Feast Day: March 17
Legends about St. Patrick abound, but truth is best served by our seeing two solid qualities in him: He was humble and he was courageous. The determination to accept suffering and success with equal indifference guided the life of God’s instrument for winning most of Ireland for Christ.
Patrick was born in Britain, possibly in Wales, the son of Calpurnius, a municipal official. At the age of sixteen he was kidnapped by pirates and sold into slavery in Ireland, where he was assigned to the care of a flock as a shepherd. His captivity had meant spiritual conversion. He learned the Celtic language and was converted to the Catholic faith. Later he escaped captivity and fled to France, where he became a disciple of St. Germain of Auxerre and visited the monastery on the isle of Lerins, near Cannes (412-415).
Returning to Auzerre, where he spent the next 15 years, Patrick studied the Latin Bible in preparation for joining the priesthood, but was criticized for his lack of scholarly education. Nevertheless, he was ordained a priest and, inspired by a dream, returned to Ireland as a missionary. Patrick arrived in Ireland in 432.
Because of Ireland’s pagan background, Patrick was emphatic in encouraging widows to remain chaste and young women to consecrate their virginity to Christ. He ordained many priests, divided the country into dioceses, held Church councils, founded several monasteries, and continually urged his people to greater holiness in Christ.
Patrick converted some of the indigenous chieftains and was very successful in adapting the gospel to the Irish culture. In a relatively short time, the island had experienced deeply the Christian spirit and was prepared to send out missionaries whose efforts were greatly responsible for Christianizing Europe. Ireland is the only country in Western Europe in which the Church was established without martyrdom.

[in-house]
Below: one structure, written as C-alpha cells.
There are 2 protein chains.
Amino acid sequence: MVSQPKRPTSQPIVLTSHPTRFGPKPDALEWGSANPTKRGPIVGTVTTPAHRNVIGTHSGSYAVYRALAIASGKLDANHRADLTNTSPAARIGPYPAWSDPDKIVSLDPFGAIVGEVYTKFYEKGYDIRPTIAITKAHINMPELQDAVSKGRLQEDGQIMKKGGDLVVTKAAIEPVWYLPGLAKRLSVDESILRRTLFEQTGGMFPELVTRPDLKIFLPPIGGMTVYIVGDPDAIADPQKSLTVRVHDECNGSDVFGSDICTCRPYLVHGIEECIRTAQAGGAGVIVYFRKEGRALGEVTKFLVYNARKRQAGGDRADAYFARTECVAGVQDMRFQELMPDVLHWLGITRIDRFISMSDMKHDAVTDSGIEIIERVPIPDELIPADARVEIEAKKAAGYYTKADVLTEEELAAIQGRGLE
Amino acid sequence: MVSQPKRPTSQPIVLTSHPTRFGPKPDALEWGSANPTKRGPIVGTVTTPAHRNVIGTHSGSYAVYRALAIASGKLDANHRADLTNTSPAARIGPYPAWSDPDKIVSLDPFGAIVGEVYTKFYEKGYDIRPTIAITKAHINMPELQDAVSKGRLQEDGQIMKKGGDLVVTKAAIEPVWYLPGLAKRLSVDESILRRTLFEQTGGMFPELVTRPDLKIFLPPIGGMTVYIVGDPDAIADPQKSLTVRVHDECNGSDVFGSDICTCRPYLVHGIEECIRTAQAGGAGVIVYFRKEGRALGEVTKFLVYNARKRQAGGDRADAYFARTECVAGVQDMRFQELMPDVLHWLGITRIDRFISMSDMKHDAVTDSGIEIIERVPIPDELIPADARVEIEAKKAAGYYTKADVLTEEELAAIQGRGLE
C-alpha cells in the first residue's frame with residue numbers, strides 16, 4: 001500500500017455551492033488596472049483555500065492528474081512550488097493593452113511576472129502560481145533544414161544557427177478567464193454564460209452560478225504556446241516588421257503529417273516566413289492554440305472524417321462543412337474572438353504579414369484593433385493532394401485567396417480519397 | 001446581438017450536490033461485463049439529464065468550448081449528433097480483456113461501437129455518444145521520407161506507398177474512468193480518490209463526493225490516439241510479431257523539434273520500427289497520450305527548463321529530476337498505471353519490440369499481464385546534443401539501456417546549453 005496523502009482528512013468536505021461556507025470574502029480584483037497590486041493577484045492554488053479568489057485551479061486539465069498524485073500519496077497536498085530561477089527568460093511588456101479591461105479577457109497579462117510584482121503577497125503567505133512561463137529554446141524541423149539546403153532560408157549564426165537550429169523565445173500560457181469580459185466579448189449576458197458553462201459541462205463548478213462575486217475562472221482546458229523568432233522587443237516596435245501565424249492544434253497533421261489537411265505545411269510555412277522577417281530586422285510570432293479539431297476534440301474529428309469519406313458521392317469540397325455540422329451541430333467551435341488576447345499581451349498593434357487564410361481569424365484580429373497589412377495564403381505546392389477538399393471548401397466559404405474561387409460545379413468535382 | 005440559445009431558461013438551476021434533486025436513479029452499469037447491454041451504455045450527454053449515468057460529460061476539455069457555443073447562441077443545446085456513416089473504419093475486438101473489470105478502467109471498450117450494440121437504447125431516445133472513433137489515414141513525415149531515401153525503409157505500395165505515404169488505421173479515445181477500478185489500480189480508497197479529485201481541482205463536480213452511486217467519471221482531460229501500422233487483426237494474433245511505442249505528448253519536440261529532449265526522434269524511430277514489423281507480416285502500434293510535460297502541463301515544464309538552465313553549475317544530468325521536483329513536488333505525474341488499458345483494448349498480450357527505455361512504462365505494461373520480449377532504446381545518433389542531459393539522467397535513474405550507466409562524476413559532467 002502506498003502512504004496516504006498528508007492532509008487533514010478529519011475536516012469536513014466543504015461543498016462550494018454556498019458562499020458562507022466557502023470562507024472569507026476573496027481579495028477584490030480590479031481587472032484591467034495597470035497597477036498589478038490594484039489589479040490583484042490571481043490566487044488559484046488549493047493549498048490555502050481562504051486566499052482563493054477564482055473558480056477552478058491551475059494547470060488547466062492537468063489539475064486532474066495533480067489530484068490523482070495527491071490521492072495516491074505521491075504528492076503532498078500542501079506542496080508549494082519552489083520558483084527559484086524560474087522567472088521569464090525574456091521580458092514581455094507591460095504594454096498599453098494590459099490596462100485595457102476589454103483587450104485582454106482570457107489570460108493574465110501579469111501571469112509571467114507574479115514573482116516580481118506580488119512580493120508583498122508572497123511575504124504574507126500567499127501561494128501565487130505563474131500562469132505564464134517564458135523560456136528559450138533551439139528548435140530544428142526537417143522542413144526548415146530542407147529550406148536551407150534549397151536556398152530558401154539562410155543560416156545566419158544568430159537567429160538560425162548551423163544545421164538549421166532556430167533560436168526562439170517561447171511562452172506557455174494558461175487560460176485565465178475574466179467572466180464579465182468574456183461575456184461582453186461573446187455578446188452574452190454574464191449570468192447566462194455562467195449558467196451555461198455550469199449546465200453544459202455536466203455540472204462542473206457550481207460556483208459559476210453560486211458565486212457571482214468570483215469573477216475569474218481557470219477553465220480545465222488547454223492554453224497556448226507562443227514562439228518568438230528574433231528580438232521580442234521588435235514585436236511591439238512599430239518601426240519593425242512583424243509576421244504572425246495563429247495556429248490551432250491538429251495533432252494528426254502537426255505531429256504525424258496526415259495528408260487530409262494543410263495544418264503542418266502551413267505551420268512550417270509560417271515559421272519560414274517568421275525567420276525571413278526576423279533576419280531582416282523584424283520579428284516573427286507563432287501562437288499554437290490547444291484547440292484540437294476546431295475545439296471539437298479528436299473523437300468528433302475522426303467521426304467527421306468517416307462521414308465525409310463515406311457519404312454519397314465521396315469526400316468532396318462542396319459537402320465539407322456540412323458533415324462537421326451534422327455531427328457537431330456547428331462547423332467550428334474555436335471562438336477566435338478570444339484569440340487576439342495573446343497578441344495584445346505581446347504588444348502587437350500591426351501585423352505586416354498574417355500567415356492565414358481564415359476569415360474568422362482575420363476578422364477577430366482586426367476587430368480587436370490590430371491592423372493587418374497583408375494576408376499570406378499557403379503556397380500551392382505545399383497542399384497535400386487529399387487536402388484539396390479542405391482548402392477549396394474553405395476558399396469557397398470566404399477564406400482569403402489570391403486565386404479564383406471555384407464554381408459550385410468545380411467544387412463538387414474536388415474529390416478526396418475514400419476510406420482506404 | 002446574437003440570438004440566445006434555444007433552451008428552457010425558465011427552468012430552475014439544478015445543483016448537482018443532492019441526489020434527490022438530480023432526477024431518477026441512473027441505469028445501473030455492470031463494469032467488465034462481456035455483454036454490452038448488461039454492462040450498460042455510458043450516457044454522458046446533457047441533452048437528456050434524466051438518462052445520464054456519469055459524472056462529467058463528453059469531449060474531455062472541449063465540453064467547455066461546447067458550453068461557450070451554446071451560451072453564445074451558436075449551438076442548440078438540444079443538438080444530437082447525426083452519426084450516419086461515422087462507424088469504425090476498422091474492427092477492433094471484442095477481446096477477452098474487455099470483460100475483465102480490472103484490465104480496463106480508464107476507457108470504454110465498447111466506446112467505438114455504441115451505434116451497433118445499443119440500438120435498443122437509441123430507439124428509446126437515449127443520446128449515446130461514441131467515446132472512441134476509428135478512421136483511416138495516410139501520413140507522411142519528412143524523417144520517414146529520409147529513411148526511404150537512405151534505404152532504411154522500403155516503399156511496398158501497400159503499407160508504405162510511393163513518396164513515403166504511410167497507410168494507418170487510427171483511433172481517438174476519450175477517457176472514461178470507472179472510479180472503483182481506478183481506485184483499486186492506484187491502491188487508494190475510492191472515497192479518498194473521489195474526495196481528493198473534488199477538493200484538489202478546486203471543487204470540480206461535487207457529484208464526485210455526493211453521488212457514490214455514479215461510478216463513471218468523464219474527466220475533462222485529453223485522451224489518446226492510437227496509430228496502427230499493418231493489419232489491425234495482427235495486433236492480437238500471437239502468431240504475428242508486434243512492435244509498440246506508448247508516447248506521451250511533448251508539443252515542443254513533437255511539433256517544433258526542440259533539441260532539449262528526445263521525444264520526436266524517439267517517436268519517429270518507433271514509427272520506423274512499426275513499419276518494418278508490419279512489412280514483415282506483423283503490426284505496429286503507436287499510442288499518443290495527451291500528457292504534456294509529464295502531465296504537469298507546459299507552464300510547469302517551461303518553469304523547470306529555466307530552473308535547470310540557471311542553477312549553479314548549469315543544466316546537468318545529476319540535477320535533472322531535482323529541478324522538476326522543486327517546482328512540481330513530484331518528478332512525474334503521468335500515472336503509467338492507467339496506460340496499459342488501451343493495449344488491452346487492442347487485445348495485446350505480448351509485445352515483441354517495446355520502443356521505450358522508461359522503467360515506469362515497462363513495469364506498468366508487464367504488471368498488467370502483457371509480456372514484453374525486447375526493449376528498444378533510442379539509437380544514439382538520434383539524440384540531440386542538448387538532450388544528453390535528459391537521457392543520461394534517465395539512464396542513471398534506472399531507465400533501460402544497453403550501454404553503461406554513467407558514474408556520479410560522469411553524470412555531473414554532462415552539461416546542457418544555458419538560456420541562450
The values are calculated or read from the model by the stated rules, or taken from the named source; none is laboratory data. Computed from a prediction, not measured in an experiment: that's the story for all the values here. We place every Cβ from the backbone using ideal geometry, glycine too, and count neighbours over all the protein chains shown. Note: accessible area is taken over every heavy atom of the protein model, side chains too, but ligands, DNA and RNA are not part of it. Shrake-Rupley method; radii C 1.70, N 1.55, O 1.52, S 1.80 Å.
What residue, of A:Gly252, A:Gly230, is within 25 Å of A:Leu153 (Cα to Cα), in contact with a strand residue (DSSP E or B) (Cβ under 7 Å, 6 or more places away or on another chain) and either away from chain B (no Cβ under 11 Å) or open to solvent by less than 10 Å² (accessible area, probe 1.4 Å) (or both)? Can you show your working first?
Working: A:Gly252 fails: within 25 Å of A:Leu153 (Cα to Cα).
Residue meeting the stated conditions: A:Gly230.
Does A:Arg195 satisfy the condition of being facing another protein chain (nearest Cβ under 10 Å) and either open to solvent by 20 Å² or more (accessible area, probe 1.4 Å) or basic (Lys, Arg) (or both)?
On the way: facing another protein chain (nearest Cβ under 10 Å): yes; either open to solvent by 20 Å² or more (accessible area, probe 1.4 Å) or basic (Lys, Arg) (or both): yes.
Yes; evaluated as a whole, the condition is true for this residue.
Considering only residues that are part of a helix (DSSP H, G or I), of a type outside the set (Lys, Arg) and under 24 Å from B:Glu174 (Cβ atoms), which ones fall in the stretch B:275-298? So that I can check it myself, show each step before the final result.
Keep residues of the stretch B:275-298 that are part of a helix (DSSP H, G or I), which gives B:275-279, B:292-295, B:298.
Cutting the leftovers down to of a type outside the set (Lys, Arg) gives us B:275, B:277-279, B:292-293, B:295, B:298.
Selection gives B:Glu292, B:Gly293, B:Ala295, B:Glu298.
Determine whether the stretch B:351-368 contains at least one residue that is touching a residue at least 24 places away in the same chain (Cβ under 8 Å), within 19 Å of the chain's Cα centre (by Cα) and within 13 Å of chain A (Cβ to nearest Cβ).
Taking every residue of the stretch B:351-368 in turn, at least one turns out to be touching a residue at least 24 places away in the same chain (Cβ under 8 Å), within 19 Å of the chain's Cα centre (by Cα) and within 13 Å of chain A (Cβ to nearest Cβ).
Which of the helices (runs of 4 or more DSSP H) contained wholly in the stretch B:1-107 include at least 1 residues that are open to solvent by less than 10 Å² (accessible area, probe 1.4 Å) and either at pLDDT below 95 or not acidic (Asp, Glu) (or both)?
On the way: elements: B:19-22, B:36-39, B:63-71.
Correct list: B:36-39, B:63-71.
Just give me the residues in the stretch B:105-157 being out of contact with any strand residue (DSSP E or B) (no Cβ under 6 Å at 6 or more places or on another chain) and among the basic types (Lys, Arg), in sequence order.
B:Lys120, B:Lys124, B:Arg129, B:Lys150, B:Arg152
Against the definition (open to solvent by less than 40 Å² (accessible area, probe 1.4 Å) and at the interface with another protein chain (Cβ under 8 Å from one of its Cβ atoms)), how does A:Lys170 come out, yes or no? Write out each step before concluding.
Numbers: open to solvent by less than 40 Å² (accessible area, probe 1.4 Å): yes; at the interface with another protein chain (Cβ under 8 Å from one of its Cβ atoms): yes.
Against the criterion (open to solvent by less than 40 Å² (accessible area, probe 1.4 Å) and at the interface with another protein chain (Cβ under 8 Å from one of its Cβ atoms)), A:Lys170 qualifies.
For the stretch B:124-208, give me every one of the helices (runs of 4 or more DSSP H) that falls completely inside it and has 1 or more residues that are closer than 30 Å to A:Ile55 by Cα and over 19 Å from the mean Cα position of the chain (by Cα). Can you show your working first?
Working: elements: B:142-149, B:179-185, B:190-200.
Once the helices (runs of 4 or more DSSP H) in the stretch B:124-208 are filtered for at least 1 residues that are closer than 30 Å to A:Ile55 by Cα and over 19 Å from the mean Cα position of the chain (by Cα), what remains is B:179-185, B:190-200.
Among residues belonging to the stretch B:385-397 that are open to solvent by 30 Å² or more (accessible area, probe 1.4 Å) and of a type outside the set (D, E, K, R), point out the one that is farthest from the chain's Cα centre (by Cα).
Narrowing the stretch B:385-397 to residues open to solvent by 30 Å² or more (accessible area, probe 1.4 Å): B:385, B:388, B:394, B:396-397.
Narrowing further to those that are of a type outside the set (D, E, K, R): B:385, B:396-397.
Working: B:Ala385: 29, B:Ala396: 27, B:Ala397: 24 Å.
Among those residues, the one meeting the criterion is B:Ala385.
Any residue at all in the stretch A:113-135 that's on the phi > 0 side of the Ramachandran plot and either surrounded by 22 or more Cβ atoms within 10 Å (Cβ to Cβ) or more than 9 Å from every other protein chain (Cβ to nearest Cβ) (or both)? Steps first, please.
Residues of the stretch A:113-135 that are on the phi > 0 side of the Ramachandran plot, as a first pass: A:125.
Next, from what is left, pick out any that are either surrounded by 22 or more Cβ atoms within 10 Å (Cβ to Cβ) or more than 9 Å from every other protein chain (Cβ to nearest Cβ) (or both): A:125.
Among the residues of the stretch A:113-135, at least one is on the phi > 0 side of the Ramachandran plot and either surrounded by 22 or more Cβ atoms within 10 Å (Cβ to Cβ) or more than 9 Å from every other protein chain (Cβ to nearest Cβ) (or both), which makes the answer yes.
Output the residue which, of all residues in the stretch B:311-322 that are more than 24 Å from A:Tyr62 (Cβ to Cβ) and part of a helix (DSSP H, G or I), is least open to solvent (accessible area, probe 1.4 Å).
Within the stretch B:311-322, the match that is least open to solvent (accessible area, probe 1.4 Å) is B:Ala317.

What distinguishes Patrick is the durability of his efforts. When one considers the state of Ireland when he began his mission work, the vast extent of his labors (all of Ireland), and how the seeds he planted continued to grow and flourish, one can only admire the kind of man Patrick must have been. The holiness of a person is known only by the fruits of his or her work.
“Christ shield me this day: Christ with me, Christ before me, Christ behind me, Christ in me, Christ beneath me, Christ above me, Christ on my right, Christ on my left, Christ when I lie down, Christ when I arise, Christ in the heart of every person who thinks of me, Christ in the eye that sees me, Christ in the ear that hears me.” —from “The Breastplate of St. Patrick”
Opening prayer for Mass: God our Father, you sent St. Patrick to preach your glory to the people of Ireland. By the help of his prayers, may all Christians proclaim your love to all men.
Creighton-Jobe, Rev. Ronald, et al. “The Complete Illustrated History of Catholicism and the Catholic Saints.” Wigston, Leicestershire: Anness Publishing, 2011.
Foley, Leonard, O.F.M., and Pat McCloskey, O.F.M. “Saint of the Day-Updated and Expanded.” Cincinnati: Franciscan Media, 2013.
Lodi, Enzo. “Saints of the Roman Calendar-Updated and Revised Edition.” New York: Alba House, 2012.
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